What are our options to locate ourselves in the present? Bald suggests that the idea of belonging in the West isn’t something that needs to be earned from Whites, or even from the generation preceding us, but that it was earned a long time ago when the West was young. He reveals the fluid nature of our identity and the way it was shaped and pulled through migration and interaction with POC communities. Notable South Asian-American figures like Jindal and D’Souza strain towards the idea of whiteness for mainstream acceptance, but Bald shows us an alternate, cohesive, path that nourishes and can be held as a progressive standard moving forward. Rather than just snapbacks and sweatshirts, there was no wholesale appropriation of Black content, but communities under an oppressive thumb that worked together to survive, spiritually and physically.
Himanshu Suri, also known as Heems, formerly of Das Racist, has always been cognizant of the space between white and black identity. On “Shut Up, Man” off the last Das Racist album, Relax, he raps, “They say I act white, but sound black, but act black, but sound white, but what’s my sound bite supposed to sound like?” He has also publically expressed a reluctance to rap, feeling he’s appropriating a culture that doesn’t belong to him and that his recent solo effort Eat Pray Thug will be his last rap album. “I lived, at once, in and between two spaces and outside them as well,” he told Pitchfork. “I also often felt like in America I lived in the space between black and white.”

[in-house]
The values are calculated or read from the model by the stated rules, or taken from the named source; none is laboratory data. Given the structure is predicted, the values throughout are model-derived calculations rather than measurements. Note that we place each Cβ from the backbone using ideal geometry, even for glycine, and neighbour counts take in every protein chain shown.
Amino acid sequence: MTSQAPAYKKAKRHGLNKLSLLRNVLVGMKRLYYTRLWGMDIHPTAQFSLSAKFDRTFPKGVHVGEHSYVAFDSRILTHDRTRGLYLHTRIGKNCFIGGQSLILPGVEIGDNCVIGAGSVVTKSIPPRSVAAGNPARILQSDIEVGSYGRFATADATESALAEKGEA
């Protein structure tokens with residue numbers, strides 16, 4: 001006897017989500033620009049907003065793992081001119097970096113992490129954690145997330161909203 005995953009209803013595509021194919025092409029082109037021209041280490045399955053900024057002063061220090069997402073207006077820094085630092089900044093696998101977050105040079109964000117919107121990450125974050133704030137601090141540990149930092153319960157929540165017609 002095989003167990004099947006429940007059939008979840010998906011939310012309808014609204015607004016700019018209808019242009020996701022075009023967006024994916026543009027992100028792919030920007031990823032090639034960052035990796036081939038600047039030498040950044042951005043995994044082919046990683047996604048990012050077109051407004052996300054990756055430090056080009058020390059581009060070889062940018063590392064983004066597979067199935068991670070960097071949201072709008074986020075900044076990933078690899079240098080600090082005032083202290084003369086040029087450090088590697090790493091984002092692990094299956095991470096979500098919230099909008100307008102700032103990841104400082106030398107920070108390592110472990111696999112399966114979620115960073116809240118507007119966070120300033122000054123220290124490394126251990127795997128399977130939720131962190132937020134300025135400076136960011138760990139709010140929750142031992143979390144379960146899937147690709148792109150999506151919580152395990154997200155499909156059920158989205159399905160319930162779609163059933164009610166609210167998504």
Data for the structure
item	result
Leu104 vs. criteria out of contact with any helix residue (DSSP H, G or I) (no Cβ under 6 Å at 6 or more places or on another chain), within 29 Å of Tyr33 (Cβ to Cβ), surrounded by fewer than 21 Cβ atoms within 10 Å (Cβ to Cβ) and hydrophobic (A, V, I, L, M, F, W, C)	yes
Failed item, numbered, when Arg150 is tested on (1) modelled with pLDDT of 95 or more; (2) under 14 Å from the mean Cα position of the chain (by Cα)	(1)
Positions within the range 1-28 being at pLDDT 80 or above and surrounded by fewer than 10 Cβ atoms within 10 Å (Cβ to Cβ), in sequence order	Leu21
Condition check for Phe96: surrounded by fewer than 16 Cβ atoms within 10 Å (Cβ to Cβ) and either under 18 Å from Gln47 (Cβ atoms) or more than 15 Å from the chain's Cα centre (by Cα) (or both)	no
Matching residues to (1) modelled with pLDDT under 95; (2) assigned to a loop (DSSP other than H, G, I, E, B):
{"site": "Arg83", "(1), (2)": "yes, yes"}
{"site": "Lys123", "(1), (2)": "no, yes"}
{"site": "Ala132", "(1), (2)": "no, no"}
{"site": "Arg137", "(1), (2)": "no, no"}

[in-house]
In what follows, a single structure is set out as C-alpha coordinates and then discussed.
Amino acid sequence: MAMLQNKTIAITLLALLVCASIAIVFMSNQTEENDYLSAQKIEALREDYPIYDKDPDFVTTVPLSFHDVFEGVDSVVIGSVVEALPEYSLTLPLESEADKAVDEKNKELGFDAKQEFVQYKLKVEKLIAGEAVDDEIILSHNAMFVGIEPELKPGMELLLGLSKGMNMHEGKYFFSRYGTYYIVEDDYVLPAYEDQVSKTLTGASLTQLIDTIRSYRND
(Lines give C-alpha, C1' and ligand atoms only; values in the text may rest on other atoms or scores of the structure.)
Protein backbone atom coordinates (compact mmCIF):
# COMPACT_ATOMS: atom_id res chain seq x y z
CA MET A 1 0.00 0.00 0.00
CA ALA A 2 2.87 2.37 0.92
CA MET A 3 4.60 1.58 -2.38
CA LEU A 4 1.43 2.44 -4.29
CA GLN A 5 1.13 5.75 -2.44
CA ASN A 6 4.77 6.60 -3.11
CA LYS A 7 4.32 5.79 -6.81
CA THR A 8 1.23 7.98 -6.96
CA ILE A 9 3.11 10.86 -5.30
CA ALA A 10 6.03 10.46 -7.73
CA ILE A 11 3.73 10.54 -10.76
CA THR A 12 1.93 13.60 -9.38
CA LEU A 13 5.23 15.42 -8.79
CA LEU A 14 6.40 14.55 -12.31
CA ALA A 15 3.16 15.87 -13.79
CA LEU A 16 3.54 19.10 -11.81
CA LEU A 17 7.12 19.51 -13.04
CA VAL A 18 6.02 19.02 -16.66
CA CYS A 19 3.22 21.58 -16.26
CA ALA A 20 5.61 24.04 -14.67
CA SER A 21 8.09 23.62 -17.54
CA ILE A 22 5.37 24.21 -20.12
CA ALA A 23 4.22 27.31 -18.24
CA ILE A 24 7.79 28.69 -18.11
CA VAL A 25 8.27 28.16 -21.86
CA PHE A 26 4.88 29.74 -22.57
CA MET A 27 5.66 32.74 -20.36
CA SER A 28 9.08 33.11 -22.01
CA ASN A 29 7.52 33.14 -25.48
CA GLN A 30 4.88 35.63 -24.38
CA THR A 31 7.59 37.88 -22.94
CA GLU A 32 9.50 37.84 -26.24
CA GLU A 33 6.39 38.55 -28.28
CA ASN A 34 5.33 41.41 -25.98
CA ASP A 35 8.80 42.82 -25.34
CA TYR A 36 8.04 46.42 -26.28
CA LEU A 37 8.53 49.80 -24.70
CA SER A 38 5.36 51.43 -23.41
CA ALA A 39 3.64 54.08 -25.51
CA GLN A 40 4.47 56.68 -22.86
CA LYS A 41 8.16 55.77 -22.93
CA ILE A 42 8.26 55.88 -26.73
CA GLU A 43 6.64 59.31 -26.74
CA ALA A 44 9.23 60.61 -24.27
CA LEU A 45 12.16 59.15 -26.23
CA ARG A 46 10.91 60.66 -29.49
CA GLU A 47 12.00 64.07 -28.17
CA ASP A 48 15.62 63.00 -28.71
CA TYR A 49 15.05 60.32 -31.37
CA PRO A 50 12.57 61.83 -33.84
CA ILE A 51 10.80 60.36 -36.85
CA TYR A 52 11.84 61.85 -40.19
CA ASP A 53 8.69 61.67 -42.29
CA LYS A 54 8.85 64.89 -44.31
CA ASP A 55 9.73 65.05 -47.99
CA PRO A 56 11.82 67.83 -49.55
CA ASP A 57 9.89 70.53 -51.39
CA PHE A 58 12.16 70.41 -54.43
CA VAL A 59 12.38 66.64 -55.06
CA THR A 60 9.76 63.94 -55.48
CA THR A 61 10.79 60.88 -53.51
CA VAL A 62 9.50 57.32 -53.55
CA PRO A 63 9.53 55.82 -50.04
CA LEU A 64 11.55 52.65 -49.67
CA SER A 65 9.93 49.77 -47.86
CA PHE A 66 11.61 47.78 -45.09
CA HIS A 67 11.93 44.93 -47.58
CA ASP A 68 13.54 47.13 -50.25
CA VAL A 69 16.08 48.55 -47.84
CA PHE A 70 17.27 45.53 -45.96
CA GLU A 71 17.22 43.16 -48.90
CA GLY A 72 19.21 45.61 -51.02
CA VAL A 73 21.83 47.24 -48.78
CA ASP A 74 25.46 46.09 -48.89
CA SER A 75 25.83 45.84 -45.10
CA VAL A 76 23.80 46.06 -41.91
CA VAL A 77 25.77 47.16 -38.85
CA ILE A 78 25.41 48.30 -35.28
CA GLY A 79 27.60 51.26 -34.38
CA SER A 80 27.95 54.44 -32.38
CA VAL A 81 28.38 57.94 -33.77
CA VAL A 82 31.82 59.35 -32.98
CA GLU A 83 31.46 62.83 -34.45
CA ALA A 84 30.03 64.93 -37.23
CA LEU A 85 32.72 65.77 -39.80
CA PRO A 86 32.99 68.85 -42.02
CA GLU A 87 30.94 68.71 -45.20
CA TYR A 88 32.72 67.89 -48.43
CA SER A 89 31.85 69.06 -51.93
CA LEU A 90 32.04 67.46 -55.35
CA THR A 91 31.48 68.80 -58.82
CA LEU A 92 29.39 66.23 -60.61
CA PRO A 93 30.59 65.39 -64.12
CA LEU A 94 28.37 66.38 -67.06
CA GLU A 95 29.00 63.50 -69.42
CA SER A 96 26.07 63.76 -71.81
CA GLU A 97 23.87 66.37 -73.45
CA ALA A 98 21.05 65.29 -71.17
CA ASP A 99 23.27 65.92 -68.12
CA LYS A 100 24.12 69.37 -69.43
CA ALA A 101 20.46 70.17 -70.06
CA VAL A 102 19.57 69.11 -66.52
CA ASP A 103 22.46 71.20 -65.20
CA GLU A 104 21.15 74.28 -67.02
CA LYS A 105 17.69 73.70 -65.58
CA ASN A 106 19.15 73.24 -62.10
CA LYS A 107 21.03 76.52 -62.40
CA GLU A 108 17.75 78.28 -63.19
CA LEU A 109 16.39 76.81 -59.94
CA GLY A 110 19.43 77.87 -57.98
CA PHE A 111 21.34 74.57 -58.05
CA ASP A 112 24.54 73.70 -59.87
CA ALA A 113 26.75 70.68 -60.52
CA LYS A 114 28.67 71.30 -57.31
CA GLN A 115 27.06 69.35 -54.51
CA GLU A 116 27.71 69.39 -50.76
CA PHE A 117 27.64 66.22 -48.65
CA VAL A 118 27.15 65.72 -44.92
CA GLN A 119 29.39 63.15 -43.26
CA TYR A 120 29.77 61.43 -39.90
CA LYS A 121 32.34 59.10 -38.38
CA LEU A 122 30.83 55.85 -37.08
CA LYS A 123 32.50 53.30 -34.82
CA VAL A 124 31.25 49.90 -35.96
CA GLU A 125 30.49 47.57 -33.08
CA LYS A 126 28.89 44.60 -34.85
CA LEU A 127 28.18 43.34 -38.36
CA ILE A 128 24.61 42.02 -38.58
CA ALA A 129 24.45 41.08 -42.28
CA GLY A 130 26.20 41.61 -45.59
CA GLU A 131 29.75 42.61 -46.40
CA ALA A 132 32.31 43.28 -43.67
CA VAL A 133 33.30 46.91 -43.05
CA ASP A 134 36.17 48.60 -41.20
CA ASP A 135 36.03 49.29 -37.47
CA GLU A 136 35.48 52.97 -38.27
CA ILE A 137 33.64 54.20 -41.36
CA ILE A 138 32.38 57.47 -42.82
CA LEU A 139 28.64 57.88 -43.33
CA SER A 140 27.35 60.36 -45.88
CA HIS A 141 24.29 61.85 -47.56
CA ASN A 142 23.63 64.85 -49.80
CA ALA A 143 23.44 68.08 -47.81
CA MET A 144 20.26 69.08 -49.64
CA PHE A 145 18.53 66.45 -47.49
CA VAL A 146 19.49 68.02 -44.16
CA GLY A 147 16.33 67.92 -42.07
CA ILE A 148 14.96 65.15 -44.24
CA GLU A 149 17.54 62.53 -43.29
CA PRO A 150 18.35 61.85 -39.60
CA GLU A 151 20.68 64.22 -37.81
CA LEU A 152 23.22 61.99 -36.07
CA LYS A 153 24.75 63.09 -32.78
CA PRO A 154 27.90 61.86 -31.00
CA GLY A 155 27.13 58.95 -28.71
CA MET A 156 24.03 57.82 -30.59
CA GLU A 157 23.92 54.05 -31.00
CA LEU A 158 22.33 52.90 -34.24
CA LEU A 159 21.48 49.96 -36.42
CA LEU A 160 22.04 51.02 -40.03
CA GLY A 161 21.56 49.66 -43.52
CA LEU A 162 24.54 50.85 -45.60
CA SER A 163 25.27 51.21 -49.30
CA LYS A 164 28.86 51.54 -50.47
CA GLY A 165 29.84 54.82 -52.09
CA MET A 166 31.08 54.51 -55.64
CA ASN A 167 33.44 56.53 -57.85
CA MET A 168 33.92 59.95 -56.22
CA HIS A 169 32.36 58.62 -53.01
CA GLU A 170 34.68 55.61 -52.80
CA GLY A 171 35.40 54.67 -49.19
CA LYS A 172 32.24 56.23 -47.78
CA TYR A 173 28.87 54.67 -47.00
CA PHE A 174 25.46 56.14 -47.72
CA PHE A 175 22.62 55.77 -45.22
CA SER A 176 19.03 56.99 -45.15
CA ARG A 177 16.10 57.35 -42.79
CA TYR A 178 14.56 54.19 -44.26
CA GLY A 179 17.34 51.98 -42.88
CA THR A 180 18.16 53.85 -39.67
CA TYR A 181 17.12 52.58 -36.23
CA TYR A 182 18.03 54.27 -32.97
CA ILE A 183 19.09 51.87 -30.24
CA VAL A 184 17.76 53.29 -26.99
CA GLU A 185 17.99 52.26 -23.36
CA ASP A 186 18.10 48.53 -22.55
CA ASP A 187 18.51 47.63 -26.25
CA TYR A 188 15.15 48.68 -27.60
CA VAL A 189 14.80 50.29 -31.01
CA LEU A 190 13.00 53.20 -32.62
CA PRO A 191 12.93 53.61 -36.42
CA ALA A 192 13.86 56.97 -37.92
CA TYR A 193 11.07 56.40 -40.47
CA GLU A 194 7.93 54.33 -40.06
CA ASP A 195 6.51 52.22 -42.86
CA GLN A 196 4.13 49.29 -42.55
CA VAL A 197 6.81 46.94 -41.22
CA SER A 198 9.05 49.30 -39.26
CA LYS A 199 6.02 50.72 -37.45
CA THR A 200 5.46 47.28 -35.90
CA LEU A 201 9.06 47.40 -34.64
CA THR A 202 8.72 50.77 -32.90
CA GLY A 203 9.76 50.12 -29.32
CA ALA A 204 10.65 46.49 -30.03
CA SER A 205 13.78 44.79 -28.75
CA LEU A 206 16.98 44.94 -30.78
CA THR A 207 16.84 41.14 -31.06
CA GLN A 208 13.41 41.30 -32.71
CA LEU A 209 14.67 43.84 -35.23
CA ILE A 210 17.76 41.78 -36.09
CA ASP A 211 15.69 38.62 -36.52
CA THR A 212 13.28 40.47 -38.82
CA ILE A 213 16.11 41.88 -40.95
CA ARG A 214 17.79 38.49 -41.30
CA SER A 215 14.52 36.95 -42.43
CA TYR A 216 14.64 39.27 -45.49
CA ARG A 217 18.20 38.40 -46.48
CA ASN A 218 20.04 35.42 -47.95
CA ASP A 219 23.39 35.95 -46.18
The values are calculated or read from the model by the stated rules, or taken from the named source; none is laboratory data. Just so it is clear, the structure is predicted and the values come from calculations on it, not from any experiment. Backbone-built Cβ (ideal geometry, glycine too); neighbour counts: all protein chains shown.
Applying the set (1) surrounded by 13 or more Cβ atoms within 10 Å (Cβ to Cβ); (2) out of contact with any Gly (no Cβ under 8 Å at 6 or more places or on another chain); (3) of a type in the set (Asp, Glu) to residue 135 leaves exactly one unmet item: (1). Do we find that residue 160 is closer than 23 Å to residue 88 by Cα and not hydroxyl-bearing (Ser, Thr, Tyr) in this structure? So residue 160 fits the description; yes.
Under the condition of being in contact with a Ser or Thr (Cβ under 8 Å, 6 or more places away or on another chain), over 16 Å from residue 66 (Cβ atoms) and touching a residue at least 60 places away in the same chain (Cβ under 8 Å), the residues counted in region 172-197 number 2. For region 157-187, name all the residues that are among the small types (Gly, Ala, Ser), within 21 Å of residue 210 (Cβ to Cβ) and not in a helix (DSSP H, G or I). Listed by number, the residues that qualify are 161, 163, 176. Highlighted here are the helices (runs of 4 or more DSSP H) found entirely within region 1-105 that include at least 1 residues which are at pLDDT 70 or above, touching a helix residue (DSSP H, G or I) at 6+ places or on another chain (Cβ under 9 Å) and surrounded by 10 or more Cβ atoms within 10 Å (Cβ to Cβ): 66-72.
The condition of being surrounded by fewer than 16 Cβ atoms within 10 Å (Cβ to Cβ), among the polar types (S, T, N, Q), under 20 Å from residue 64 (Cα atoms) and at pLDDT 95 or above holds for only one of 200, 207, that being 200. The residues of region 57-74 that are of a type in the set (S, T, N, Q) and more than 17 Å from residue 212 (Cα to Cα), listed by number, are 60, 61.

When we talk about South Asians, or being Brown, we talk about collected traits and the obligations that come with it. Does Suri have to rap about 9/11 to be Brown? Is the logic that dictates this the same one that allows Gwen Stefani to wear a bindi and yet lose none of her essential Whiteness? This same logic pulses in my life—I hate eating at Indian restaurants with White people I don’t know very well because there’s a real sense of obligation towards knowledge: “Hey, is butter chicken really from India?” or, apropos of nothing, “What’s the deal with minarets?” It’s in these small palatable tests of expectation that I feel like I lose or gain points, that I accumulate either towards Brownness or away from it. Brownness in this context is flexible—it’s good to know about chicken vindaloo, but bad to articulate sympathy towards youth in Pakistan toting Kalashnikovs.